Thursday, June 18, 2015

Superboy starring The Legion #224

Superboy starring The Legion of Super-Heroes #224 (Feb, 1977)
title: "When Stargrave Strikes!"
writer: Jim Shooter
penciller: Mike Grell
inker: Bob Wiacek
editor: Denny O'Neil
cover: Mike Grell
reviewer: Russell "Bilingual Boy" Burbage

Mission Monitor Board:  
Superboy, Saturn Girl, Chameleon Boy, Karate Kid, Sun Boy, Brainiac 5, Lightning Lad, Princess Projectra, Star Boy

Pulsar Stargrave, Holdur, Quicksand

On planetoid P88-01, the Legionnaires prepare to mend the fissure in space when Holdur and Quicksand stop them. Pulsar Stargrave fixes the sky as they watch, then teleports everyone to his home. With a wave of his hand, he encases all of them in a force field. He admits that he opened the fissure in order to lure the Legion out to his part of the universe. He explains that he is looking for an ally to battle his enemy. He had freed the Time Trapper to test him as a possibly ally, but when the Trapper was defeated by the Legion, he decided to use the Legion instead.

Superboy breaks everyone loose, and the Legion attacks. Quicksand dissolves the ceiling on several Legionnaires, then makes it into a solid column. Saturn Girl and Karate Kid work together to free them. Stargrave hits Superboy so hard that he goes flying out of the atmosphere. When he returns, he is furious. However, Stargrave knocks Superboy out with red sun radiation. The others attack again, but Stargrave knocks them out easily.

Alone with Brainiac 5, Stargrave tells him his origin. Stargrave was travelling through space when his life support system failed. He was found by a race of aliens who thought he was dead, so they "buried" him in a star that was going nova. As it became a pulsar, he somehow merged with the exploding plasma, becoming Pulsar Stargrave. He tells Brainiac 5 that he wants the Legion to work with him to destroy Mordru, and Brainiac 5 agrees, recognizing Stargrave as his altered father.

....and with that, Jim Shooter and Mike Grell say good-bye to The Legion. Yes, this is the last issue for both of these men. My thought is that neither of them knew at the time that his would be their last issue, as the story ends on a fantastic cliff-hanger. Shooter, specifically, must have had an additional story in mind when he originally wrote this script. He had the Time Trapper in the first chapter, Pulsar Stargrave in this chapter, and.....Mordru, maybe, in chapter three? As far as I know, he has never revealed what he was going to do in chapter three. What we ended up with was a lackluster conclusion that absolutely did not live up to the drama promised in this ending.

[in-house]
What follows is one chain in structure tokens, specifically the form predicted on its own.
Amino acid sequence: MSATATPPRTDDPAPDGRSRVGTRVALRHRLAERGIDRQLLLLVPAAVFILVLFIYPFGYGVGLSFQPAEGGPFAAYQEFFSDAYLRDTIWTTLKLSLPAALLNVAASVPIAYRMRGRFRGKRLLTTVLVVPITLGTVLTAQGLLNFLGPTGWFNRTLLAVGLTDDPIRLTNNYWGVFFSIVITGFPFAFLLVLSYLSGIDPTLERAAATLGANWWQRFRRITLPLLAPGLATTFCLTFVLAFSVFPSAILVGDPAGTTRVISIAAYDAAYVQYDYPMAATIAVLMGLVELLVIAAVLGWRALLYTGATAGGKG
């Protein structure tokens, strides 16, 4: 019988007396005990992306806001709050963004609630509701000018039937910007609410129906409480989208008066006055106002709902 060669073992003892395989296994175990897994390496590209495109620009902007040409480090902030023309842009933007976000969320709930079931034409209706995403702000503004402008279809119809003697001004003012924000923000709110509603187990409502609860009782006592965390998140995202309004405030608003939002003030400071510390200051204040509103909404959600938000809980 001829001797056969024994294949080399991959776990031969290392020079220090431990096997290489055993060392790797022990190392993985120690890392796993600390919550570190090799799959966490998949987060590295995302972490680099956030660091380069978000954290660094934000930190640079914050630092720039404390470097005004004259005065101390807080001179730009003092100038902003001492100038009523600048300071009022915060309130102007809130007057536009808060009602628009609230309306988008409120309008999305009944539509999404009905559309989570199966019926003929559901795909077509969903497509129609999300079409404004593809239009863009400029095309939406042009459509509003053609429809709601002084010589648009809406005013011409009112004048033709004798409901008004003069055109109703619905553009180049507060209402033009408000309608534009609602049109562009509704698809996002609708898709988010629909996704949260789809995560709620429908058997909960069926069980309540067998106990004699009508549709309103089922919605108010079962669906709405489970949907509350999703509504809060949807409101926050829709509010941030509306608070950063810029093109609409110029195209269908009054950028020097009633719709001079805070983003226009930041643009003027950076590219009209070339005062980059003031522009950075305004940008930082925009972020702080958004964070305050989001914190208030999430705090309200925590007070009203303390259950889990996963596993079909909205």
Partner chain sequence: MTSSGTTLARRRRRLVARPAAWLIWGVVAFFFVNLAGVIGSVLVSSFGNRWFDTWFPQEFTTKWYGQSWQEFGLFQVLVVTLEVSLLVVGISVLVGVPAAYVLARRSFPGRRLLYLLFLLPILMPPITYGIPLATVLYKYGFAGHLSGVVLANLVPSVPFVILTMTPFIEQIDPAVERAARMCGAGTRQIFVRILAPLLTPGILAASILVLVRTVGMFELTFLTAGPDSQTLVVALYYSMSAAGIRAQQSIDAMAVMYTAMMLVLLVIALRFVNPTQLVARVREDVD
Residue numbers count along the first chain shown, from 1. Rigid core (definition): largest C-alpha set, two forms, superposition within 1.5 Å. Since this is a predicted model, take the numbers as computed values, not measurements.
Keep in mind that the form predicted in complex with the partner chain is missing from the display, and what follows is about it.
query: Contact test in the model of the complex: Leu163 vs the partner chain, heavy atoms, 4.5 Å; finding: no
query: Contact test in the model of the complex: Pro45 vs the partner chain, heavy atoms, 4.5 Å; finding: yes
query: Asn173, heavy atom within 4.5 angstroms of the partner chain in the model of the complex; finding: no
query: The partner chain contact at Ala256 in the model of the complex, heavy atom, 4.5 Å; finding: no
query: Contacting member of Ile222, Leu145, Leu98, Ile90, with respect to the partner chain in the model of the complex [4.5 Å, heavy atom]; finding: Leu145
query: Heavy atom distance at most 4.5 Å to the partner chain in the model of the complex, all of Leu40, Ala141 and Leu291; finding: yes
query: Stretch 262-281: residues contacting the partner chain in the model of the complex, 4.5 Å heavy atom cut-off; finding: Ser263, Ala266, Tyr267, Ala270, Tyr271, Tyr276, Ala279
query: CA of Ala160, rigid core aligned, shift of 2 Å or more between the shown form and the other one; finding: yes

In fact, it is difficult to review this story because it is so obviously just the beginning. Pulsar Stargrave, as shown here, is a fantastic new character with plenty of potential. Is he really Brainiac 5's father? If he isn't Brainiac 5's father, why is he claiming to be? Why is he going after Mordru? We found out how Gerry Conway answered that question, but we never read how Jim Shooter would have answered...
As for the art, Mike Grell gives us some of his best work here. His version of Holdur is creepy but cool, and his Quicksand makes me wish we had seen more of her. His full-page shot of Superboy getting knocked, literally, out of the world, is great. Grell had a style that not all fans appreciated, but in a world of Curt Swans and Dick Dillins, I found his work too dynamic for words. I adored his stuff. I missed him for years after he left the title.

Science Police Notes:  
  • Although Shadow Lass was clearly part of the mission team last issue, here she is replaced by Brainiac 5, who was not shown last issue. He might have been driving the Legion cruiser, but that is no explanation as to where she disappeared to.  
  • This is the first Superboy/Legion issue with the DC bullet logo. 
  • This is the first issue of Superboy/Legion edited by Denny O'Neil. 
  • The first caption of the book is pure gibberish. Check it out yourself: 
Reprinted in The Legion of Super-Heroes Archives vol. 13 

This is the last regular issue of Superboy/Legion that Mike Grell drew and Jim Shooter wrote. Grell moved on to Batman, Green Lantern, and Jon Sable; Jim Shooter moved to Marvel Comics. 


  1. I was always disappointed with the resolution to this story. At the time I thought it was a fantastic set-up with a great cliffhanger ("I ... cannot ... fight you ... father"), but the follow-through was extremely disappointing. And Stargrave himself, after being established as an indestructible bad-ass that the Legion couldn't even touch, was defeated by ... Superboy and Wildfire both punching him at once.

    Bloody shame DC didn't buy a story outline from Shooter before he left, and then kept Grell on the book long enough to finish the arc. Who knows ... it might have turned into the Legion's first five-part epic, nearly two years before Earthwar.

  2. Superman and Superboy-Legion desperately needed movement/explosion centered art, by Mike-Grells and Kirbys of the world--this art on the Shooter script establishes a fabulous villain's-opening-act. ...Worst squandering of creative material of the Bronze age...besides cancelling 'The New Gods' as Orion pledged to finally face Darkseid and there let fate be settled, in the last frame of issue 11.